Monday, June 30, 2008

Alternate Costumes 2: Making Heroes Look Cooler

A few months ago, Nathan talked about the subject of alternate costumes in many RPGs. He argued that linking alternate costumes to game mechanics was a big problem in a lot of games, since it made the player choose between having characters that looked cool and having characters with good stats (a very one-sided choice). While I agree with him on that in general, there is another side to this. If alternate costumes are linked to equipped armor, it creates a simple method of making characters look cooler as they get higher in level.

It sometimes bothers me that most RPG characters still look like they did when they started their quests while fighting off a game's final boss. For example, the appearance of the main character of Dragon Quest VIII matches his starting equipment and situation very well. However, a yellow cloth jacket and a red bandana don't quite seem appropriate for a hero who is technically equipped with magical plate armor while he is going toe to toe with the Lord of Darkness. Even though RPG heroes typically gain a tremendous amount of power over the course of a game, there is typically no outward reflection of this in their appearance. Creating a difference in appearance goes a long way in convincing the player that he is making progress in a game.

One game series that has done this well is the Fire Emblem series, even though it doesn't use equipped armor to create the effect. Instead, characters get new animations and character models whenever they class-up. So, Micaiah (one of the main characters from Radiant Dawn) goes from wearing simple simple street clothes in her first class to wearing an elaborate priestess outfit in her third class. It does a good job of making her look more capable of fighting the epic battles at the end of the game. Thinking about it, the original Final Fantasy Tactics did something similar by giving the main character, Ramza, new sprites when the player entered a new chapter.

It is possible to achieve this effect by attaching new character models to equipment. Since most RPGs require the player to periodically purchase new equipment in order to stay competitive with monsters, it is possible to gradually improve the matching character models to look more like powerful heroes. At the very least, giving a character's ultimate armor a unique model seems appropriate. However, I think only the main body slot should determine character costume. Making characters look cooler by modifying the character model doesn't work very well if the player is stuck with a jumbled mess. The reason I don't like the way most MMOs handle it is because their approach results in characters with lots of mismatched design elements.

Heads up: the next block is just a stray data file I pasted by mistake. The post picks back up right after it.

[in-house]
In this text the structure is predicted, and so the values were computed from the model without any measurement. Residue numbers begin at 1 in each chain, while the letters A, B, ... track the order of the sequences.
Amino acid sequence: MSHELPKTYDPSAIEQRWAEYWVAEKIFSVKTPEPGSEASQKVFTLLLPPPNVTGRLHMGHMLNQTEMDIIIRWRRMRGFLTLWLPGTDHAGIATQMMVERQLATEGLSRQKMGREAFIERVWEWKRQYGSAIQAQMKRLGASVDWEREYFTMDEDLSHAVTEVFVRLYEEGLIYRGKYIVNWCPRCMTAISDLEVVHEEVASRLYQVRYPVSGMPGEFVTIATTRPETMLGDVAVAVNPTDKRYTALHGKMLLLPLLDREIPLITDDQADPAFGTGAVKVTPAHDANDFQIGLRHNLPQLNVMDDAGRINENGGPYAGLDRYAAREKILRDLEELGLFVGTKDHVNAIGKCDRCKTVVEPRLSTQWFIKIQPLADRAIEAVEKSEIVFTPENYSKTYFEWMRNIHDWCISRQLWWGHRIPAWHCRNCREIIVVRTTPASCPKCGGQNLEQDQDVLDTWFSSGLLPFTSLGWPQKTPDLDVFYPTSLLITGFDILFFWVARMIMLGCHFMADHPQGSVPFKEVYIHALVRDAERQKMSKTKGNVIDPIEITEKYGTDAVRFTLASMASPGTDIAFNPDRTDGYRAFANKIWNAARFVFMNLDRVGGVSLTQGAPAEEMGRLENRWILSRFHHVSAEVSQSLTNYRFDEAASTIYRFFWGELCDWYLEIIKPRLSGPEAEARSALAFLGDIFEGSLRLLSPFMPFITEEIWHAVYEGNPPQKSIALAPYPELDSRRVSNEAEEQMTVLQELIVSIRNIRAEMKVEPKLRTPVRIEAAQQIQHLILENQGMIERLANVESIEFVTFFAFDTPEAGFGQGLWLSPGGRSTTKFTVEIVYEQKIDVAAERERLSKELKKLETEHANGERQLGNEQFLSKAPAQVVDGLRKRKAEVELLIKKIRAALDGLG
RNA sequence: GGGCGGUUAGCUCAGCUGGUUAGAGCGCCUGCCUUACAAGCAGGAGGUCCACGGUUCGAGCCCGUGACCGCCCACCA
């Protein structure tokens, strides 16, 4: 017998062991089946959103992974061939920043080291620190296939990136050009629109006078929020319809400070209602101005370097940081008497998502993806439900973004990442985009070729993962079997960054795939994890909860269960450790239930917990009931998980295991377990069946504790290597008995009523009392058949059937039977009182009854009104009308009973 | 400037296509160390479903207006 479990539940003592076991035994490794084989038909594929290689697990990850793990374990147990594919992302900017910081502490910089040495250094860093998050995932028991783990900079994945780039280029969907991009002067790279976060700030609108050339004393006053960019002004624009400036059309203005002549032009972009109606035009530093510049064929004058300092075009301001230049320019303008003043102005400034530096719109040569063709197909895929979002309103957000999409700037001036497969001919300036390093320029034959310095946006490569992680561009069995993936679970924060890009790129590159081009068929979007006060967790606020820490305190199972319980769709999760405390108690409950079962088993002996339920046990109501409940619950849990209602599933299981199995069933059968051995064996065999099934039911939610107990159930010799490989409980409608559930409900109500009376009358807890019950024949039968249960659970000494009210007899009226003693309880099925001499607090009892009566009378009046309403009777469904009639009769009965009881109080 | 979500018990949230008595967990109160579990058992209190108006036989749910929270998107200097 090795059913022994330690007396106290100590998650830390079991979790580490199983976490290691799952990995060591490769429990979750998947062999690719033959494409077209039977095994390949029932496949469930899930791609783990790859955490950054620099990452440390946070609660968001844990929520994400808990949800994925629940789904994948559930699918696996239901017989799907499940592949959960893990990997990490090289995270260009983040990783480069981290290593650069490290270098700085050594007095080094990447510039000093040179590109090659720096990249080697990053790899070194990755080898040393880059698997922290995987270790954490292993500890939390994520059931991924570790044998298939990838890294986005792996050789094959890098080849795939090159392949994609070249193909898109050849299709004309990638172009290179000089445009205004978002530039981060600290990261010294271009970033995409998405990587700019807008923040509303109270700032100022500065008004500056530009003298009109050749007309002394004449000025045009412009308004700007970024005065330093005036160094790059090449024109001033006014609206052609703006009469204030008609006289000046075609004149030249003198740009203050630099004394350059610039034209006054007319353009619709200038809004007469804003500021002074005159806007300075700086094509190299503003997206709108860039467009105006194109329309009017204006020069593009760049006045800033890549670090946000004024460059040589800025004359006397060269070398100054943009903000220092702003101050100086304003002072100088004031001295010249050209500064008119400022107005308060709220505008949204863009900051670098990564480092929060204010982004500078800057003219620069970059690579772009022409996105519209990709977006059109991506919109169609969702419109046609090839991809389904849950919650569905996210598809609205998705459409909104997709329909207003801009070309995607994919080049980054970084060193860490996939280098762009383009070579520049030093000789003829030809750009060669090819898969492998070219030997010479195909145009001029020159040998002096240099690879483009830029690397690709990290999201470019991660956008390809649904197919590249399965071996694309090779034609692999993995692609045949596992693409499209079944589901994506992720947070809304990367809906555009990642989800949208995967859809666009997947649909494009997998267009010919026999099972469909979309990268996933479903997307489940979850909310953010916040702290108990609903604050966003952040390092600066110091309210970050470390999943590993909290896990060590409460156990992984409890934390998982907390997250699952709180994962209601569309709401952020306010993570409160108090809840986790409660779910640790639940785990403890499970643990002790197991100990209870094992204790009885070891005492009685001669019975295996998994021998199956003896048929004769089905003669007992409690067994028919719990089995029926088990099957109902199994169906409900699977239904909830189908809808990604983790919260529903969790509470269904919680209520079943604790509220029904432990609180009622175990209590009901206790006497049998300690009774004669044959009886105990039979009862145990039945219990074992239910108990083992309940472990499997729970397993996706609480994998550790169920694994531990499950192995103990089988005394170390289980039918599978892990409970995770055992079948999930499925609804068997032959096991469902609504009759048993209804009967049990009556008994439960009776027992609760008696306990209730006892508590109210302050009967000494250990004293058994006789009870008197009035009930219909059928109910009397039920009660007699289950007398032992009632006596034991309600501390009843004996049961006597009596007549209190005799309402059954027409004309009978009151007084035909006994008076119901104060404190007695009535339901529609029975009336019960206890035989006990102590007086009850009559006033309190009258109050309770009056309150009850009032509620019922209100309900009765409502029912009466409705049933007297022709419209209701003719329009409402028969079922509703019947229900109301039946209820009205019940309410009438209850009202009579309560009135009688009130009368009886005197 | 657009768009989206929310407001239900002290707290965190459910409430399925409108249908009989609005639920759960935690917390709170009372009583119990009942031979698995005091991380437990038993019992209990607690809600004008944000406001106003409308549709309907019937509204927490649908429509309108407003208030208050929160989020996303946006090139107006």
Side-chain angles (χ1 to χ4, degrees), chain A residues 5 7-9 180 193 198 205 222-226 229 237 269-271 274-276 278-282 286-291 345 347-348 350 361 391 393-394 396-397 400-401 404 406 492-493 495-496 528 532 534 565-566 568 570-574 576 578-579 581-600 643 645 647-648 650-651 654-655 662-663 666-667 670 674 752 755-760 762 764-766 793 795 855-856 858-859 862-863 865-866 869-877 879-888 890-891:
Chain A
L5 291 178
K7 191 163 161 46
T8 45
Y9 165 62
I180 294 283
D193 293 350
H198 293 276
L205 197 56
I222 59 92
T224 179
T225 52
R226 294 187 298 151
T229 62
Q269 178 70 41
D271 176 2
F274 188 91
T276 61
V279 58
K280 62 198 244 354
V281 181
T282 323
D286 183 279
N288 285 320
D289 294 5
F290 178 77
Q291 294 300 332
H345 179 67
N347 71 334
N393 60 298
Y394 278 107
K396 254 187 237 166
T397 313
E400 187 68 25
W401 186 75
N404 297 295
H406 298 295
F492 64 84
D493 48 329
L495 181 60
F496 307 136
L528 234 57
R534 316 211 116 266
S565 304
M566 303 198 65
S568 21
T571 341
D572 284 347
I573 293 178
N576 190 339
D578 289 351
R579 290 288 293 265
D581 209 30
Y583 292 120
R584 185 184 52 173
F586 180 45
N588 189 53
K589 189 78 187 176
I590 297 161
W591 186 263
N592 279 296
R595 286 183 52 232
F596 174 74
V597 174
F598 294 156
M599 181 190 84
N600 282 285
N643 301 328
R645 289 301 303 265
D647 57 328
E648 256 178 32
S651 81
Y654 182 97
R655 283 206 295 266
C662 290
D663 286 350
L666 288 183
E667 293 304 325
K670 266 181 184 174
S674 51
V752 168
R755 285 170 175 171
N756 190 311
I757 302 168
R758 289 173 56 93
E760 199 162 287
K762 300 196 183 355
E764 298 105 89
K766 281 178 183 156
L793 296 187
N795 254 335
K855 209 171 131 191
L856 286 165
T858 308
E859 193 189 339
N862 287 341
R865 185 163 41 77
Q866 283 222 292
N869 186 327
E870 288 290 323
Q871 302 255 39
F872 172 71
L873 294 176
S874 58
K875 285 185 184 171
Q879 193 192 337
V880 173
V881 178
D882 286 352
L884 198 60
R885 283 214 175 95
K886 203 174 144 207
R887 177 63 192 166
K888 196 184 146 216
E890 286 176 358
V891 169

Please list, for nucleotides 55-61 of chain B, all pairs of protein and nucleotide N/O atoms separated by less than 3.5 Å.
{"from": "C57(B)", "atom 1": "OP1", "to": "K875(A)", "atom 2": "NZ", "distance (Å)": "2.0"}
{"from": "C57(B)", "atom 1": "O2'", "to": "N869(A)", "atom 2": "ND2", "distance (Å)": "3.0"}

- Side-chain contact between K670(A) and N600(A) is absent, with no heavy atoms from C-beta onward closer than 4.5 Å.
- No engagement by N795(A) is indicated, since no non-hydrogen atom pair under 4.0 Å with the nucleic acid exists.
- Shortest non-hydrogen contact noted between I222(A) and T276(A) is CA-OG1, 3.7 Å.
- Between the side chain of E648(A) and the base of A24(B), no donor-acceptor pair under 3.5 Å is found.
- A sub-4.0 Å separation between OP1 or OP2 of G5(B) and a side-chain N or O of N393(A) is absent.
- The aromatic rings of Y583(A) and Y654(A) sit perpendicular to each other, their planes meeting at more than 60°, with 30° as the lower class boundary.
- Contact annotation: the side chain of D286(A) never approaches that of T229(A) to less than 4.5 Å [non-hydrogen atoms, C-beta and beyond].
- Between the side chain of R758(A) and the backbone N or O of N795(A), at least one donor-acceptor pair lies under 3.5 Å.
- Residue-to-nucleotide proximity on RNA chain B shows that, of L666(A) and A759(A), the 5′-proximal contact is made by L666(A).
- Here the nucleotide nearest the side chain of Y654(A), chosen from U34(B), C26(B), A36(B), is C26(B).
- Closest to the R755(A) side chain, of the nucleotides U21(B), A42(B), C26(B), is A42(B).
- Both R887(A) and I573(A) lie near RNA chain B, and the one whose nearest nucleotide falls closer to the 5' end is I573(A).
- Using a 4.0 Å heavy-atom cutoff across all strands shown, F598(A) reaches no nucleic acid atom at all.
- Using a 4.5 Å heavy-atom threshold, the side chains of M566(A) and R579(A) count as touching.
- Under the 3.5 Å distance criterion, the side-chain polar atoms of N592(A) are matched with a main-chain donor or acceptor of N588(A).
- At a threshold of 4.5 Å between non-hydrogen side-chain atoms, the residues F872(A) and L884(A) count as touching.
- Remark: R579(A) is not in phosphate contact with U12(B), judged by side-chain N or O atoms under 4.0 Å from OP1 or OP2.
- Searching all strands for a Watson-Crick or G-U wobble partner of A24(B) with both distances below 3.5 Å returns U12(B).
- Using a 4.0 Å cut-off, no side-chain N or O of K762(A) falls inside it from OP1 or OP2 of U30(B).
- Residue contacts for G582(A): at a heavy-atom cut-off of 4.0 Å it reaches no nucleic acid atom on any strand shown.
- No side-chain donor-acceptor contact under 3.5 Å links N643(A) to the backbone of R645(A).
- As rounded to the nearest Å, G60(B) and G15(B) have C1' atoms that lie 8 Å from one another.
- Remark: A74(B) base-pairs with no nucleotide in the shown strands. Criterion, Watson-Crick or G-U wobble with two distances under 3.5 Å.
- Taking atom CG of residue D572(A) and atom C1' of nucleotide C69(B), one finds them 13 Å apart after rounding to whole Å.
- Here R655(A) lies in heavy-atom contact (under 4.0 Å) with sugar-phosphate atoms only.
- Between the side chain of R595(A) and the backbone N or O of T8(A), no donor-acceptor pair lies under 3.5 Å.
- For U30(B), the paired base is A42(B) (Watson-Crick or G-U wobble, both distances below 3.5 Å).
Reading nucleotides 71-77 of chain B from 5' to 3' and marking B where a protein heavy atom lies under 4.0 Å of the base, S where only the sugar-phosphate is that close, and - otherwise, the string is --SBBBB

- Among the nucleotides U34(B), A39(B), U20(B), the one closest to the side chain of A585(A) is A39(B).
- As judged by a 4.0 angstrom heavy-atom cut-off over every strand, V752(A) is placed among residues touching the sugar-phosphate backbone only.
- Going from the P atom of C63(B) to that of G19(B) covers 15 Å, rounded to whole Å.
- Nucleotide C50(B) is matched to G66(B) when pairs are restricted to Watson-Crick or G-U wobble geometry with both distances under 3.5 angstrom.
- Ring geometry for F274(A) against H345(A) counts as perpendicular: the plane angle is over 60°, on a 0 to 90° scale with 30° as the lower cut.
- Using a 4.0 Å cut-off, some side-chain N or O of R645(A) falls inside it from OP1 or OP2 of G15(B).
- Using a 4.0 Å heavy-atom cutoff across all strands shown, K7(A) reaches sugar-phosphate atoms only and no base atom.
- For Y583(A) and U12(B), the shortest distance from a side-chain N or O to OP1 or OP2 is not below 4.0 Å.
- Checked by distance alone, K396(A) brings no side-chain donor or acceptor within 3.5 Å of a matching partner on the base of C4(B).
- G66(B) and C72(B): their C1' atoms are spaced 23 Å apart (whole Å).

Honestly, I am still not sure whether or not it is better to attach character models to equipment, or to just periodically improve the look of the characters as part of the story. The advantage of using equipment as the basis is that it can better match up with what the character is actually equipped with. For example, a character can look different when wearing cloth armor compared to when he is wearing heavy plate armor. On the other hand, it still results in the problem my brother talked about, which would marginalize more specialty alternate costumes. Either way has advantages and disadvantages.

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